some of the benefits of marriage.
On 2006-JUN-12, Judge Patty Jenkins
Pittman denied the plaintiffs' motion. The case was then appealed to the
Connecticut Supreme Court. 3
2007-APRIL & MAY: Marriage Equality bill:
In 2007-APR, the House Judiciary Committee passed "An Act Concerning Marriage
Equality." which would, if signed into law, allow same-sex couples to marry
in the state. 4
Anne Stanback, Executive Director of Love Makes a Family, Connecticut
announced in 2007-MAY that the bill would not proceed to a vote in the House.
The legislative sponsors of the bill decided that they did:
"... not quite have sufficient votes we needed in the House to
advance the bill this session. ... Constituent house meetings with
legislators, participation in our Lobby Day, letters and op-eds to your
local newspapers, door-to-door canvassing, phone calls, e-mails ... all of
these things made a difference in changing the hearts and minds of
legislators. And, according to recent polls, there is tremendous momentum in
moving public opinion here in Connecticut. But momentum is not
inevitability and it is imperative that we continue to be vocal and be
visible. We still must win those remaining votes in the legislature, as well
as convince Governor Rell that treating all Connecticut families fairly is
the right thing to do." 5
Even if most legislators in the House and Senate
had passed the bill in view of the increasing support for same-sex marriage by the
voters of Connecticut, Governor Rell (R) had promised to
veto it. An override of the veto would take two-thirds vote of the members of
the House and Senate -- an impossible task in 2007.
2007-FEB public opinion poll:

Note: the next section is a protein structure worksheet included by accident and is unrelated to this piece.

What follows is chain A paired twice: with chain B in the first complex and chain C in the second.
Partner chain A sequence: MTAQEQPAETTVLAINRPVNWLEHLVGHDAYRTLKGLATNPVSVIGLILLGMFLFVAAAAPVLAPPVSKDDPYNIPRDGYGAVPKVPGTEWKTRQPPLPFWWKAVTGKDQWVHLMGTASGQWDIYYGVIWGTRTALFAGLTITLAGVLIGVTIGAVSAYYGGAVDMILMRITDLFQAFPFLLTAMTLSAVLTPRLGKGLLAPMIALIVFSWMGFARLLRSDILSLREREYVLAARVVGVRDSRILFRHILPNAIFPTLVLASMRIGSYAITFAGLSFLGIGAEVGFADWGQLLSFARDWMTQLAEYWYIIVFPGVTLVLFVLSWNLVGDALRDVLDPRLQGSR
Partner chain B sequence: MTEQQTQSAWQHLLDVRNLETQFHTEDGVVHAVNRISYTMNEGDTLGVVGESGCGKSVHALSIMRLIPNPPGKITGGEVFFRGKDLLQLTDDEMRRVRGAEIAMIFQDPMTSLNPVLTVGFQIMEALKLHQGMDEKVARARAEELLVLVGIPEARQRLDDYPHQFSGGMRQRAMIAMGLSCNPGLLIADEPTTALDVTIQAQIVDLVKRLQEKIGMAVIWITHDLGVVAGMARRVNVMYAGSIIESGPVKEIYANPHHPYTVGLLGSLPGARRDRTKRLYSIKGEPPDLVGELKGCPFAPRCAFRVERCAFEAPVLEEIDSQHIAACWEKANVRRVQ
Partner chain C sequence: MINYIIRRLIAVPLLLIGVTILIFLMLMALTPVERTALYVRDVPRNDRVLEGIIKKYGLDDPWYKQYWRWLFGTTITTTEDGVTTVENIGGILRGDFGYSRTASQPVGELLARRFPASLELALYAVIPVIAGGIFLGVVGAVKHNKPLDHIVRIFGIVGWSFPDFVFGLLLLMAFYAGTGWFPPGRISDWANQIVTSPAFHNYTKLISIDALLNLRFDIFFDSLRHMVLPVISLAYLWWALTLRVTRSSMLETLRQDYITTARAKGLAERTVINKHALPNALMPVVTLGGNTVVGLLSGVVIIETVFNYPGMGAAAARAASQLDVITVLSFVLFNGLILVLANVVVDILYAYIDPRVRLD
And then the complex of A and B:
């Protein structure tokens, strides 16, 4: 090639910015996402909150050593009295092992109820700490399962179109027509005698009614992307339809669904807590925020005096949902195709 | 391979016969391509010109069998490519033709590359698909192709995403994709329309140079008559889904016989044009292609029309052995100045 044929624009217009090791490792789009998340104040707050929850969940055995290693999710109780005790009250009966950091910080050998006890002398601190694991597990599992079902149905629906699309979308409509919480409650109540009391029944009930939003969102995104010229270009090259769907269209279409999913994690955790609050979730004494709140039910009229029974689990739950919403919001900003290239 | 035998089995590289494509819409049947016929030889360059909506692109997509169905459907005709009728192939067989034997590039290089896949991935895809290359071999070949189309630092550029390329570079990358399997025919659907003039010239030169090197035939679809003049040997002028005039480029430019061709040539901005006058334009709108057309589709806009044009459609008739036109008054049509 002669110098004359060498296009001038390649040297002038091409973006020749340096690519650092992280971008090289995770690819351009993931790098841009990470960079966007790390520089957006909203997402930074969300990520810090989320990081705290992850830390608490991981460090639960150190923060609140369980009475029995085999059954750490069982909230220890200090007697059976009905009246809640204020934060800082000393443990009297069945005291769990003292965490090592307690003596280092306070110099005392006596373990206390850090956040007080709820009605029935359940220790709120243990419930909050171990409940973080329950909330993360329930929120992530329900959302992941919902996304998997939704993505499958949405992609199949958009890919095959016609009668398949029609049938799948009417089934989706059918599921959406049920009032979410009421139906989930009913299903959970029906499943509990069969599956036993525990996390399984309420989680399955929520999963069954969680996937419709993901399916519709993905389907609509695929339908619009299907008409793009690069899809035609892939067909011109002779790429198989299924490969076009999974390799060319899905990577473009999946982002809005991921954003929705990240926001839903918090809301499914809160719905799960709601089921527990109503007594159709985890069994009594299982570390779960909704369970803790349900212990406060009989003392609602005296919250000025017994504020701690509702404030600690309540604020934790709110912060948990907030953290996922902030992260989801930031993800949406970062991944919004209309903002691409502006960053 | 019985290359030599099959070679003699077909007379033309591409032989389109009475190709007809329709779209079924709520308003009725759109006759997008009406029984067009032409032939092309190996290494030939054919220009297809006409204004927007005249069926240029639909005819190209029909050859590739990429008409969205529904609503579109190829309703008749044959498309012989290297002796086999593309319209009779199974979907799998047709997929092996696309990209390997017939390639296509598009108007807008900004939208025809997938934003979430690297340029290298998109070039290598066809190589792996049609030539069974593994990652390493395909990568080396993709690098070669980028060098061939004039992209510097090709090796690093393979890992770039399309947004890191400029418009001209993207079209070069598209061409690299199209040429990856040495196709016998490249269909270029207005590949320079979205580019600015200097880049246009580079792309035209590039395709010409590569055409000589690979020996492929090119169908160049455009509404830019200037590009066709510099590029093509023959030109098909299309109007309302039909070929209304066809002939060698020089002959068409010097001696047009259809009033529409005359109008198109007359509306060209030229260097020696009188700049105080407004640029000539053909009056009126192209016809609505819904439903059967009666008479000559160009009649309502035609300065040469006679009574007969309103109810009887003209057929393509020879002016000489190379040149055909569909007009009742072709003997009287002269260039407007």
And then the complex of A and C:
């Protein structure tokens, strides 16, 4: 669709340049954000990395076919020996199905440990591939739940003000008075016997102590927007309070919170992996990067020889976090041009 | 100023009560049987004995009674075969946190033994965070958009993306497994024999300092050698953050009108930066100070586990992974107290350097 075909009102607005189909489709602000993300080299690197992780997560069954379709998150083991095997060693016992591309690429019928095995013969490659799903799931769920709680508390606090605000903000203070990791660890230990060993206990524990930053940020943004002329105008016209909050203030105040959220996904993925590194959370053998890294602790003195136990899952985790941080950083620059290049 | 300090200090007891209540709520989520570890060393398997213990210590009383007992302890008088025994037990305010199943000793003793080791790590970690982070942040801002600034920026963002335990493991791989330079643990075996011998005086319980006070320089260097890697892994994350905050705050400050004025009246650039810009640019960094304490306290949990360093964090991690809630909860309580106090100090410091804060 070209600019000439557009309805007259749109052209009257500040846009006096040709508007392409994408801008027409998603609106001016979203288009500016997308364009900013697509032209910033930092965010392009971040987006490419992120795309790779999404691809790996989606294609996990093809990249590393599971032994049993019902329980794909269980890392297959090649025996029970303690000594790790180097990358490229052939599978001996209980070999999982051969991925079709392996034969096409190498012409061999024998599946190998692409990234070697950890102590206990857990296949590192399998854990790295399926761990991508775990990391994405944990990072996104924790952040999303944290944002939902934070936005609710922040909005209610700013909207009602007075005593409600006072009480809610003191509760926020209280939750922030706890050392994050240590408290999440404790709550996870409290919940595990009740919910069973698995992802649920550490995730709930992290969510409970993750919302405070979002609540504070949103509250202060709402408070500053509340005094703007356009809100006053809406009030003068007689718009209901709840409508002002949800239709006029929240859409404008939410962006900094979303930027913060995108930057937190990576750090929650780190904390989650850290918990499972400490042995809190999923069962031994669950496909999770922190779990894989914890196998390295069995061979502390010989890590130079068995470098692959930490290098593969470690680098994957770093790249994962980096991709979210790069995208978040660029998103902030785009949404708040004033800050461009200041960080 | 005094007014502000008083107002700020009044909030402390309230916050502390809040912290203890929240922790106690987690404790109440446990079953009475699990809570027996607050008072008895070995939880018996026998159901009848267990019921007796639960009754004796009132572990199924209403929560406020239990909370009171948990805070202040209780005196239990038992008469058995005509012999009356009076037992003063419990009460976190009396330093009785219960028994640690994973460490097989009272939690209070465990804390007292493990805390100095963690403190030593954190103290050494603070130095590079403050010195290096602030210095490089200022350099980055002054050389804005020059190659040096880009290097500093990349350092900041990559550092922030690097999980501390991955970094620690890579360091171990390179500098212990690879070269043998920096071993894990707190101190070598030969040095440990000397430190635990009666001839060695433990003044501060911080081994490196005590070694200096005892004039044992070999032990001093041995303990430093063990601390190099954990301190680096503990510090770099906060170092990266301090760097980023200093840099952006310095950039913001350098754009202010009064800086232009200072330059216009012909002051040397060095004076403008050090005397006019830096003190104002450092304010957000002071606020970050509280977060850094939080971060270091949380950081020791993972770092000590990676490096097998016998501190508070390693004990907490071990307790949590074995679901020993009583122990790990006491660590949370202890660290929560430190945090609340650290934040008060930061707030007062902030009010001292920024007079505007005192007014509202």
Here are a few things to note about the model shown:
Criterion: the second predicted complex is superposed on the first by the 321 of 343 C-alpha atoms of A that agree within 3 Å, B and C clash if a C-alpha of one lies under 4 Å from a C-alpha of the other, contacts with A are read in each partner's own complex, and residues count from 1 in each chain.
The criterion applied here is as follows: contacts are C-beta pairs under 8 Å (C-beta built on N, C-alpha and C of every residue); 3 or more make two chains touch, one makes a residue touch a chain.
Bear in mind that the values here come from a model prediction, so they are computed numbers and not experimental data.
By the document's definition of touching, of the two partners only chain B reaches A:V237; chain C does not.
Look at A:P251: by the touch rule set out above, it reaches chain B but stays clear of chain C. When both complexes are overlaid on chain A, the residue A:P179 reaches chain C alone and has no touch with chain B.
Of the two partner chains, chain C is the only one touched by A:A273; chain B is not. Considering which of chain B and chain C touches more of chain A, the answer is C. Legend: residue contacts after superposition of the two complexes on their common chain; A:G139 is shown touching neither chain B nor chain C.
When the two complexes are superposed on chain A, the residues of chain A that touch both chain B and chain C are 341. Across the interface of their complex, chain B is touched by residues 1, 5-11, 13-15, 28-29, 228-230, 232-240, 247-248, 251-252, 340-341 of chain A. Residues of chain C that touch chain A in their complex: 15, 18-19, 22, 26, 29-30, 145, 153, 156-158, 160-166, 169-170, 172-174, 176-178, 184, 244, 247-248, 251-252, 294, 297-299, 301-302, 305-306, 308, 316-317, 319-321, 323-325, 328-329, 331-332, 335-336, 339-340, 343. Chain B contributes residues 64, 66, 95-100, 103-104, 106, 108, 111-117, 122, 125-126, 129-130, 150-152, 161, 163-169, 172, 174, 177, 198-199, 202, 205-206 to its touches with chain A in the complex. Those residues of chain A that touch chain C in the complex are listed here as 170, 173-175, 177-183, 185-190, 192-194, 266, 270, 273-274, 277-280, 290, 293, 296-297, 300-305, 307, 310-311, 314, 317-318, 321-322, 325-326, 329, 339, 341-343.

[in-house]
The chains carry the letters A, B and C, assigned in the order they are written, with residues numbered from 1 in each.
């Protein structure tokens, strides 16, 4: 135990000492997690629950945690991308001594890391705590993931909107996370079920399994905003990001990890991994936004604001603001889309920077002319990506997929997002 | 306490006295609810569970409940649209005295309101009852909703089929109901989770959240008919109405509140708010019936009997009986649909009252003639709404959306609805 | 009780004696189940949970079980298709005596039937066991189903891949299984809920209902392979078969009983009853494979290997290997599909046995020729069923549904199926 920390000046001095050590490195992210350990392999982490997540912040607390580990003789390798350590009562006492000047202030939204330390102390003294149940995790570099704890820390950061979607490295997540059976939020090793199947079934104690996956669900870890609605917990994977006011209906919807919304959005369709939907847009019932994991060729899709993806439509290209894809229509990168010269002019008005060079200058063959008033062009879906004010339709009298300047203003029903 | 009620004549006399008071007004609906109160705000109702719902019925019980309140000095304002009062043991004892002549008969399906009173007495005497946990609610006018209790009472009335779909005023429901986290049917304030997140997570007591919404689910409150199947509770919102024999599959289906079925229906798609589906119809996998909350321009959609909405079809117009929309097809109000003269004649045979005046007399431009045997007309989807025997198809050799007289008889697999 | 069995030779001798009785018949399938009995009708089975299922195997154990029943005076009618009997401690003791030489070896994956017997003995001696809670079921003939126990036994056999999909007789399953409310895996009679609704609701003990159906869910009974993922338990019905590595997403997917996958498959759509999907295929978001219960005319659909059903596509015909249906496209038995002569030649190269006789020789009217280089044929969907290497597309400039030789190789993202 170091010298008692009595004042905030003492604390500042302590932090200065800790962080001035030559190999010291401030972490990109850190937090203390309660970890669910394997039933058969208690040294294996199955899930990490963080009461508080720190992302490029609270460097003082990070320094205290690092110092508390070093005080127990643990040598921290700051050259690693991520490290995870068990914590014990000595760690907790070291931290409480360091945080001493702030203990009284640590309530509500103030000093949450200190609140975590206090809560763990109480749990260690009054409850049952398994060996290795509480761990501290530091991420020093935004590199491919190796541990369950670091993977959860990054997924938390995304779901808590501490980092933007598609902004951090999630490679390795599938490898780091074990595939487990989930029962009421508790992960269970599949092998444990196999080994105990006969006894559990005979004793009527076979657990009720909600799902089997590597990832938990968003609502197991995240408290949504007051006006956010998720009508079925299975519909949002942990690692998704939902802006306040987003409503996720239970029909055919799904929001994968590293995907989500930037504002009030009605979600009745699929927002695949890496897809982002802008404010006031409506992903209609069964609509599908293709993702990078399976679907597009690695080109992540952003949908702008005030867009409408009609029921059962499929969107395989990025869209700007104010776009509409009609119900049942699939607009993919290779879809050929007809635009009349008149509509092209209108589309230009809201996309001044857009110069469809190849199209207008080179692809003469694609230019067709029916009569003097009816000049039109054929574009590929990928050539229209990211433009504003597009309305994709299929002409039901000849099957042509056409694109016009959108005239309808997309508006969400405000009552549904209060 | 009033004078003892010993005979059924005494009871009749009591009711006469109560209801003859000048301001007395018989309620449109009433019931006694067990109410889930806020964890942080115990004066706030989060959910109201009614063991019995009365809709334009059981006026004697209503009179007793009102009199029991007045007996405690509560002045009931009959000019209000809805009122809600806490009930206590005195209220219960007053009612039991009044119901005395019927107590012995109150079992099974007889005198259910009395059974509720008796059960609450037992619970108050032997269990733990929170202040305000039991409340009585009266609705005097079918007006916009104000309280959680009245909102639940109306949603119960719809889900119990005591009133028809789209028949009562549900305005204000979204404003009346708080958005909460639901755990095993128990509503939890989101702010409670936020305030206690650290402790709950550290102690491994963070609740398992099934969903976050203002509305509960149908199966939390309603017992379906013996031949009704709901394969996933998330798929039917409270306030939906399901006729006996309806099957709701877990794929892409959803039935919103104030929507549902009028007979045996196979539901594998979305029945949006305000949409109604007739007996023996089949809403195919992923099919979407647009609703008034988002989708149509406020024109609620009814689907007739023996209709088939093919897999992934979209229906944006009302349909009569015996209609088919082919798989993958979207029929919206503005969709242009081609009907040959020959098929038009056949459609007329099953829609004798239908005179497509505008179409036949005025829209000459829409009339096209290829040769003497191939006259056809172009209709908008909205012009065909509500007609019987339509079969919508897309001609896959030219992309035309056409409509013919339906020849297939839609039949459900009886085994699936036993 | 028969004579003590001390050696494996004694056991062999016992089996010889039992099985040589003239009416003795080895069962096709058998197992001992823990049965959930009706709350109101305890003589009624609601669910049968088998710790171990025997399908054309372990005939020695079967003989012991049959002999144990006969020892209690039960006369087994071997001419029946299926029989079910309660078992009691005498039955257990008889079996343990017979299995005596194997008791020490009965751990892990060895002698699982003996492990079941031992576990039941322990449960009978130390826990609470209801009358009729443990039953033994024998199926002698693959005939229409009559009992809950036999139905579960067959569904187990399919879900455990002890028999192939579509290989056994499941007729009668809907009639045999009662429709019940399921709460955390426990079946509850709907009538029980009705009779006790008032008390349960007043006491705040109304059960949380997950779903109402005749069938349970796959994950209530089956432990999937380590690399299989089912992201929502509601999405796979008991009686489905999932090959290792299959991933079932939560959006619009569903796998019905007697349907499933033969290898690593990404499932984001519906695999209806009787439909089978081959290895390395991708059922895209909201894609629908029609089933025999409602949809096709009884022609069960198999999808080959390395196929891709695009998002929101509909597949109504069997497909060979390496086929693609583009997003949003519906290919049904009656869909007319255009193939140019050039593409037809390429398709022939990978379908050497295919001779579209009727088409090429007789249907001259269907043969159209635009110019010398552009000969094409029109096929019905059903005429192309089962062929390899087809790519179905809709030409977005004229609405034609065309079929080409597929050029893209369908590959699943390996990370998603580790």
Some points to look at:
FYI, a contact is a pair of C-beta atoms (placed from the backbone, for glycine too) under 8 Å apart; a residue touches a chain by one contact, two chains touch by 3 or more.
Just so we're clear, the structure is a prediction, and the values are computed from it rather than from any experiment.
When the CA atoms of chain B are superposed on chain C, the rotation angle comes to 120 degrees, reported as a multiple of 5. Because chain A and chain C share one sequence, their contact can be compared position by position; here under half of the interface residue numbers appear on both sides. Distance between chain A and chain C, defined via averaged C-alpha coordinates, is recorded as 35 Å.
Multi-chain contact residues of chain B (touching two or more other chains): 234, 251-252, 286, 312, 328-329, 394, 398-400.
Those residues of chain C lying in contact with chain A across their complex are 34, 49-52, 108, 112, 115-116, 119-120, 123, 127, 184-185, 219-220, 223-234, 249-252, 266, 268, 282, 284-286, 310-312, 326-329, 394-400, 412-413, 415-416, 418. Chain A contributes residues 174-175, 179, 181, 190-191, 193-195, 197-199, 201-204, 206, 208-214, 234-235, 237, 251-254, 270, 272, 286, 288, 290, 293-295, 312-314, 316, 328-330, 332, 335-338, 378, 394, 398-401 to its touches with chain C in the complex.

Quinnipiac University conducted a poll of 1,087
registered voters in Connecticut between FEB-09 and 12. The margin of error is
percentage points. Results were:
- 39% say gays should be allowed to legally marry;
- 33% say gays should be allowed to form civil unions, but not marry;
- 22% say there should be no legal recognition of a same-sex union. That
is, loving committed same-sex couples should be considered as merely
- 6% have no opinion or did not respond.
The question was not well worded. Not every same-sex couple consists of two
gay persons. Some are composed of one gay and one bisexual; others consist of
two bisexuals. We recommend the term "same-sex marriage" in place of "gay
Poll director Douglas Schwartz noted a factor that has been seen throughout
North America: "On the same-sex marriage issue, there
is a big difference by age. The older people are, the more opposed they are to
same-sex marriage." 6
The following information sources were used to prepare and update the above
essay. The hyperlinks are not necessarily still active today.
- Elizabeth Kerrigan et al, v. State of Connecticut," at:
- "GLAD Files Suit to End Connecticut's Exclusion of Lesbian and Gay Couples
from Marriage Rights." GLAD, 2004-AUG-25, at:
- "Connecticut Marriage/Relationship Recognition Law," Human Rights Campaign,
- "Kerrigan & Mock et al. v. Connecticut Dept. of Public Health: Questions &
Answers," GLAD, at:
- Anne Stanback, "Marriage bill not going forward; great progress made in
2007," Love Makes a Family Connecticut, 2007-MAY, at:
- "Connecticut Voters Like Gov Rell, But Not Tax Hike, Quinnipiac
University Poll Finds; Voters Mixed On Gay Marriage, Civil Unions,"
Quinnipiac University, 2007-FEB-15, at:
Copyright 2008 by Ontario Consultants on Religious
First posted: 2008-OCT-13
Latest update: 2008-OCT-13
Author: B.A. Robinson